Kubrick Poetry • April • Nonfiction

時間 Time2015/4/11 (Saturday) 3:00pm-4:00pm
地點 Venue:油麻地 Kubrick電影中心一樓講廳
主持 Moderator: Polly Ho
嘉賓GuestsMitch Berman and Susanne Lee

For many people, the June Fourth Incident is an historical event that has changed many people’s life. Mitch Berman and Susanne Lee were at the scene during the outbreak. They captured the historical moment in text, a moment that recurrent in many people’s life, and theirs. 

“One must arrive with a story to tell” a welcoming quote in Pow Wow. They are revisiting Hong Kong with more stories to tell, aren’t they?

About the writers
Susanne's nonfiction on such diverse subjects as surrealism and blood sausage in Spain, mixed race children, human rights in China, and mehndi in Delhi has appeared in The Village Voice, The Nation, Konch, SLAM and Giant Robot, and on WNYE-FM.  Her fiction appears in the collection Pow Wow: American Short Fiction from Then to Now, edited by Ishmael Reed (Da Capo Press) and was a runner-up in the Guardian UK's Orange Openings Contest.

Mitch Berman is the author of the novel Time Capsule, hailed by writers such as Kurt Vonnegut and nominated by Putnam for the Pulitzer Prize. His short stories, appearing in literary magazines such as TriQuarterly and Antioch Review and many anthologies, have been nominated for seven Pushcart Prizes, receiving special mentions in Best American Short Stories. He has taught creative writing at the University of Texas.


Reading material ready for download

You can download the reading material from the following link:

James Shea's poems  (The link is closed.)

The link will be closed on 22nd March.


Kubrick Poetry • March • The Lost Novel

時間 Time2015/3/22 (Sunday) 4:00pm-5:00pm
地點 Venue油麻地 Kubrick電影中心一樓講廳
主持 Moderators: Polly Ho & Atom Cheung
詩人 Poet James Shea

James Shea's first book Star in the Eye won the Fence Modern Poets Series prize and garnered widespread acclaim with rave reviews in the Times Literary Supplement, Boston Review, Colorado Review, and the Chicago Sun-Times, which named it a "Favorite Book of the Year" (2008). His follow-up, The Lost Novel (Fence Books, NY), comes on the heels of that praise and the anticipation that's been building since his stunning debut.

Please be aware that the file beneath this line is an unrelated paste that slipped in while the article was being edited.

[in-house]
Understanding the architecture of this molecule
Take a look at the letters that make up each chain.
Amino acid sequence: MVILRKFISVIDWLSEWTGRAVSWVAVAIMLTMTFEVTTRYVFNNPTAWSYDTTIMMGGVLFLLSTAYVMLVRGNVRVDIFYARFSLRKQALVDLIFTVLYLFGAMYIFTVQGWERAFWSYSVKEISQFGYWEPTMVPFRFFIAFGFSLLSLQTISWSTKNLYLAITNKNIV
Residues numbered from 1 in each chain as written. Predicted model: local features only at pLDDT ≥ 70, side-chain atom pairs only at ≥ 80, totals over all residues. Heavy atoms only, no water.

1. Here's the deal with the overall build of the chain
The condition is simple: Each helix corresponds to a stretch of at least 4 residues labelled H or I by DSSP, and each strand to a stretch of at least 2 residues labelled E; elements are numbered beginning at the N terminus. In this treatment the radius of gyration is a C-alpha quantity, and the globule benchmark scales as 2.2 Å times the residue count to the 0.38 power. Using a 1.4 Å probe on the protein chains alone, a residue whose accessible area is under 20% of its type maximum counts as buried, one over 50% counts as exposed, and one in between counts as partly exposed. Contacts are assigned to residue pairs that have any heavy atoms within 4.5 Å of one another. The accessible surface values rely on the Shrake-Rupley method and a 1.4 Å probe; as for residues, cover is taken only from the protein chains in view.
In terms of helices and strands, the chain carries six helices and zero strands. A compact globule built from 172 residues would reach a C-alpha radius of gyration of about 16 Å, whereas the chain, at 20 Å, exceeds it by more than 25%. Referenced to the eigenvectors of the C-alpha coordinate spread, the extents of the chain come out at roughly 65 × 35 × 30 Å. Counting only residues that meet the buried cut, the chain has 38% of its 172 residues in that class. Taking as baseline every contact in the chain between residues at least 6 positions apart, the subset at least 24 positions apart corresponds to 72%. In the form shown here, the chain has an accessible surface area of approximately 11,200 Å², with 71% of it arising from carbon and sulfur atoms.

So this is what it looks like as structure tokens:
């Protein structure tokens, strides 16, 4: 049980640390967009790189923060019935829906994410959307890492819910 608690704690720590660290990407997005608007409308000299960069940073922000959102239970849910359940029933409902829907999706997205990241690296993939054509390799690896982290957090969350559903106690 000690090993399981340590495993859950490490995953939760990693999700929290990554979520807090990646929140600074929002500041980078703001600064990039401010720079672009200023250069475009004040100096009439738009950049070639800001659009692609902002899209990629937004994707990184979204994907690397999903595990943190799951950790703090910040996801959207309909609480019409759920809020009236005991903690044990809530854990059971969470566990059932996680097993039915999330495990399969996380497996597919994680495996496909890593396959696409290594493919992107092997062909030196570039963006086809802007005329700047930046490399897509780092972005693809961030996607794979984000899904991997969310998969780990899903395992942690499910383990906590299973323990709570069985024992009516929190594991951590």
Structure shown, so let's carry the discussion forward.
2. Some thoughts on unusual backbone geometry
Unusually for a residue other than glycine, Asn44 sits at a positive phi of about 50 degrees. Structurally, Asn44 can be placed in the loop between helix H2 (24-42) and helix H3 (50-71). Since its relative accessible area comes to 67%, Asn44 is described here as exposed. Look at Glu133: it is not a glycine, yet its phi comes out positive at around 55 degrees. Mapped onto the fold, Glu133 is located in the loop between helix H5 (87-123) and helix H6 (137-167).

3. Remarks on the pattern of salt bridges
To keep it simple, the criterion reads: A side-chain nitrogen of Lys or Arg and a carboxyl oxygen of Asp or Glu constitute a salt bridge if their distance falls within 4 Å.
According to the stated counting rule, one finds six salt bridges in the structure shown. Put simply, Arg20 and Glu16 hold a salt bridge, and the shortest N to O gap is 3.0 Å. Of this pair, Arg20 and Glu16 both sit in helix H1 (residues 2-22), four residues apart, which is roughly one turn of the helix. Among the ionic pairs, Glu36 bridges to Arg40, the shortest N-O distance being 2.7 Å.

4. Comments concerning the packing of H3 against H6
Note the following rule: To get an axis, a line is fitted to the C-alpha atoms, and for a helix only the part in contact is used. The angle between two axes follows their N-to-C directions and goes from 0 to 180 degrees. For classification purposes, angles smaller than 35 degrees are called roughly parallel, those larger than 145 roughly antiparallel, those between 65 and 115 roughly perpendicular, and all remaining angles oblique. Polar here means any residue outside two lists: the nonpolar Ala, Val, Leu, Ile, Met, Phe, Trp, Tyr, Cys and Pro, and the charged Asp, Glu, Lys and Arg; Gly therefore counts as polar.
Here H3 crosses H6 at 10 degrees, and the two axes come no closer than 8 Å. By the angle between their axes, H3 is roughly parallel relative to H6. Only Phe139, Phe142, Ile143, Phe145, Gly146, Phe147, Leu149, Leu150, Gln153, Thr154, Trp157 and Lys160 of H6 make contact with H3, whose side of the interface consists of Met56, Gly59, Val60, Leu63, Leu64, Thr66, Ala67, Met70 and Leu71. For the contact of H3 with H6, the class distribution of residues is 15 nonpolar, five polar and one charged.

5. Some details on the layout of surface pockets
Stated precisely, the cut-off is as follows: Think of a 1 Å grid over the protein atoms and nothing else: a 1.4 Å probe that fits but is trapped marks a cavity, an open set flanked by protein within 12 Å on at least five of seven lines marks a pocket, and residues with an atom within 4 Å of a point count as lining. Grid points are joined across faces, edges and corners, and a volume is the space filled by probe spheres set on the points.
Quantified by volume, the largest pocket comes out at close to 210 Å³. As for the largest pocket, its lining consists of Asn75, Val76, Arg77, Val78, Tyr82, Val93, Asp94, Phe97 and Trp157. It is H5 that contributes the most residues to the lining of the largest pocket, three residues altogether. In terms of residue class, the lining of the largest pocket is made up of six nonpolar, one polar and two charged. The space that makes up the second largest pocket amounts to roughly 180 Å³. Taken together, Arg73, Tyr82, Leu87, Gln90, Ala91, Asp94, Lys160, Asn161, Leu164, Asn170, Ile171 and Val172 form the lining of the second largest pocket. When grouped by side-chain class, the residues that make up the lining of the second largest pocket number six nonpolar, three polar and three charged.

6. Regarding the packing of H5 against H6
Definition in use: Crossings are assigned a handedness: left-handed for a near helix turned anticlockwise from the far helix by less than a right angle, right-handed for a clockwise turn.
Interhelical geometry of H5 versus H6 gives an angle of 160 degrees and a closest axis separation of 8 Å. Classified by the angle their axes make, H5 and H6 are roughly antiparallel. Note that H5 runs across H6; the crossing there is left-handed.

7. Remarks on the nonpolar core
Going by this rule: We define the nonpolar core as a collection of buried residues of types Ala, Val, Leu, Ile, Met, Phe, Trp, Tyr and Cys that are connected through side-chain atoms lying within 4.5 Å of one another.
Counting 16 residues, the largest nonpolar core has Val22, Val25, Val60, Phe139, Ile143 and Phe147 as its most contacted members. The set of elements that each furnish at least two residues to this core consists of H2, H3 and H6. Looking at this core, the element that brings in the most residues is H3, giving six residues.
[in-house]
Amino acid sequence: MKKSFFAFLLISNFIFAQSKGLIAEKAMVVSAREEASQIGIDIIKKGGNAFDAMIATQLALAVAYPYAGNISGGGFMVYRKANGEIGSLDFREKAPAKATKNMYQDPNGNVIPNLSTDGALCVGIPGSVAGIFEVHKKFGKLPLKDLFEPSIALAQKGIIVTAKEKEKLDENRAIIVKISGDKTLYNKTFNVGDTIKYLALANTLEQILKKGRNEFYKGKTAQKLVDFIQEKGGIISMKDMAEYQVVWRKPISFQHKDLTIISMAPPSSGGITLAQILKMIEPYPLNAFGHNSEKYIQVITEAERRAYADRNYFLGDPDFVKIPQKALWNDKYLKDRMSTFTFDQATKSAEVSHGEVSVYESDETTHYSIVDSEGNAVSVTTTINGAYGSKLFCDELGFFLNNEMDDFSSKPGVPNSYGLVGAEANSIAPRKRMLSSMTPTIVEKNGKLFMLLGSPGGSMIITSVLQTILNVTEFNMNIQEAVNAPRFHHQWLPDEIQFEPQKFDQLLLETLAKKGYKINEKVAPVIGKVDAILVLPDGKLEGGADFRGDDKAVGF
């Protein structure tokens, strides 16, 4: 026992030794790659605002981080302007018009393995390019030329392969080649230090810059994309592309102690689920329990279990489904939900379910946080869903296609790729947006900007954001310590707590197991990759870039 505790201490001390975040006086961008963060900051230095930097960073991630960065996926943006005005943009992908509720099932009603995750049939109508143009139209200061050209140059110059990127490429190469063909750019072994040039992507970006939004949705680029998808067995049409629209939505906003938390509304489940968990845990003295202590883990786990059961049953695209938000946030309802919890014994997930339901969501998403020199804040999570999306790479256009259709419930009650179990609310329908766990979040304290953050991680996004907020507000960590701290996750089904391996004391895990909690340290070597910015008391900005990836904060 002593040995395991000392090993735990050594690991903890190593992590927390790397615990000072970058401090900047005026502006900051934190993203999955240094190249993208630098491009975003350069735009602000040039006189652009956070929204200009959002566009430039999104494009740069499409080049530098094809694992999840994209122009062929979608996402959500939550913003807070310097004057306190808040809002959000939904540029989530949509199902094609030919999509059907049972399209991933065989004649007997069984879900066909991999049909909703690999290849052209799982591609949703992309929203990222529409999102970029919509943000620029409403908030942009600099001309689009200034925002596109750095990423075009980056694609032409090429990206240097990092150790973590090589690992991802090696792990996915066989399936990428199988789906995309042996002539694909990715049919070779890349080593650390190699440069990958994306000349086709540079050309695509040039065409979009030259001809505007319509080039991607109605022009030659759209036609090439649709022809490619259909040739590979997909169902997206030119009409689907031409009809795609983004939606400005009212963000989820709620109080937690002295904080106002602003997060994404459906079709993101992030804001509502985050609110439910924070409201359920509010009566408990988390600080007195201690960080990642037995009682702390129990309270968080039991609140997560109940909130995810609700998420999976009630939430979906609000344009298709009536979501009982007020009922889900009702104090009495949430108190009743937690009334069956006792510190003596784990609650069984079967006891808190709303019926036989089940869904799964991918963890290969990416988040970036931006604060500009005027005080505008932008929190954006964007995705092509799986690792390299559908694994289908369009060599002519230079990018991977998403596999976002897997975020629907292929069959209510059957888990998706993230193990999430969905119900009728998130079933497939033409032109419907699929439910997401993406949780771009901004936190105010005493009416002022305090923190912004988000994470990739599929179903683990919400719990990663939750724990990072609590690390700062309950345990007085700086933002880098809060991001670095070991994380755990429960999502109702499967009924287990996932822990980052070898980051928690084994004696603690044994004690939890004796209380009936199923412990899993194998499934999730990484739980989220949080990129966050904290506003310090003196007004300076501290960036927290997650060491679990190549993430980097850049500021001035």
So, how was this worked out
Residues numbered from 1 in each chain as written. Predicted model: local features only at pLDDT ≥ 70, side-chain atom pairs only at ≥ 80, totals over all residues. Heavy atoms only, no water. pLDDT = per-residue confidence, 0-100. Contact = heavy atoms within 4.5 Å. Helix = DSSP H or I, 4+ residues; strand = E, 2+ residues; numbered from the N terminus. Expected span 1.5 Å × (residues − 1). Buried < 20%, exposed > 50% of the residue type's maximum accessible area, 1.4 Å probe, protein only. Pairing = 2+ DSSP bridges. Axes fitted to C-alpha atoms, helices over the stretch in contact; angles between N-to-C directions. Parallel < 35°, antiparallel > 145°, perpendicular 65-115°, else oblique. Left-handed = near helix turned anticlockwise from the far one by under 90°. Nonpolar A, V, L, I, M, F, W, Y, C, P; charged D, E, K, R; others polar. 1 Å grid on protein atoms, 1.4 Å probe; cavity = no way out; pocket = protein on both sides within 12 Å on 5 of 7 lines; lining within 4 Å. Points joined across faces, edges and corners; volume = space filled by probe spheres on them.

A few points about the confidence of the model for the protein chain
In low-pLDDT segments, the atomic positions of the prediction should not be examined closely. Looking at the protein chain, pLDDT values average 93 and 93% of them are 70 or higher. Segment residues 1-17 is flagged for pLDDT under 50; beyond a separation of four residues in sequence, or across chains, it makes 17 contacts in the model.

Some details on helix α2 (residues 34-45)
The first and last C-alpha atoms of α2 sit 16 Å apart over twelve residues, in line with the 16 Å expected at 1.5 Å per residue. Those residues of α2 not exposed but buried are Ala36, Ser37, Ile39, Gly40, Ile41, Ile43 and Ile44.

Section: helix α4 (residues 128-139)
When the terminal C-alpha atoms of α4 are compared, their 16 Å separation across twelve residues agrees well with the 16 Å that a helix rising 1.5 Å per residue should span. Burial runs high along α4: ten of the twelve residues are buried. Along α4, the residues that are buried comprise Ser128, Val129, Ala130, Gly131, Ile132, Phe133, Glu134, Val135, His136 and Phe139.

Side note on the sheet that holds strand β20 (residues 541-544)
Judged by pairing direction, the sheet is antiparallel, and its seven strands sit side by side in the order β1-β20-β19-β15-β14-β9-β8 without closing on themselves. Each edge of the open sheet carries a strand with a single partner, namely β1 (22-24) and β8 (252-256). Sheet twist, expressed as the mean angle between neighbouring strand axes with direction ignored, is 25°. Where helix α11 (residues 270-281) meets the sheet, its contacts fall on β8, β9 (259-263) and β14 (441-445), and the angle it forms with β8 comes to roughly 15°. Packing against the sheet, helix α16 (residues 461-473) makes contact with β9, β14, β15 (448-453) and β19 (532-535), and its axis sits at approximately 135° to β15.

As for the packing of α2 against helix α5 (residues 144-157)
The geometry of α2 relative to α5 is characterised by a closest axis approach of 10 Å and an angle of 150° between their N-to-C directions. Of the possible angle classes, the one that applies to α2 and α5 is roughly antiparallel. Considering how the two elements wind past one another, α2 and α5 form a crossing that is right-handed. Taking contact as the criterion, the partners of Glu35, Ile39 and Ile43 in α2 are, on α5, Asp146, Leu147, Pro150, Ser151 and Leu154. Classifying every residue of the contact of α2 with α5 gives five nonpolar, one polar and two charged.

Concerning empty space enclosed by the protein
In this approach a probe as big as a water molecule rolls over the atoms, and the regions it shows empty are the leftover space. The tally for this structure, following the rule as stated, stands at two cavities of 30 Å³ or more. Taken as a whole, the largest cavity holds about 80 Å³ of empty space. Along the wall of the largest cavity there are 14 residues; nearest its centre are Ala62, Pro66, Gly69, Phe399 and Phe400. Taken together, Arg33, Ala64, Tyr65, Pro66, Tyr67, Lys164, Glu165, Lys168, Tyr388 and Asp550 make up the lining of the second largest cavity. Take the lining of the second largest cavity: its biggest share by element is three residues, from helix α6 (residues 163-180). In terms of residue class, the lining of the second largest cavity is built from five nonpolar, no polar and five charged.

Shea, a former Fulbright Scholar in Hong Kong and recipient of The Poetry Center of Chicago’s Gwendolyn Brooks Award for Excellence in Teaching, is currently teaching poetry writing at Hong Kong Baptist University. He has lived in Japan and was inspired by the masters of Japanese haikai poetry—Bashō, Issa, and Buson—as well as by more experimental haiku poets like Ozaki Hōsai and Sayumi Kamakura, both of whom he has translated. “I discovered how deeply Japanese poetry was inspired by classical Chinese poetry,” says Shea.

“James comes to Hong Kong with a background of teaching creative writing at the university level, a high-quality published collection of poetry (Star in the Eye, 2008) that has been critically acclaimed and an MFA from a top program (University of Iowa Writers’ Workshop).”
                                                                                                     —Xu Xi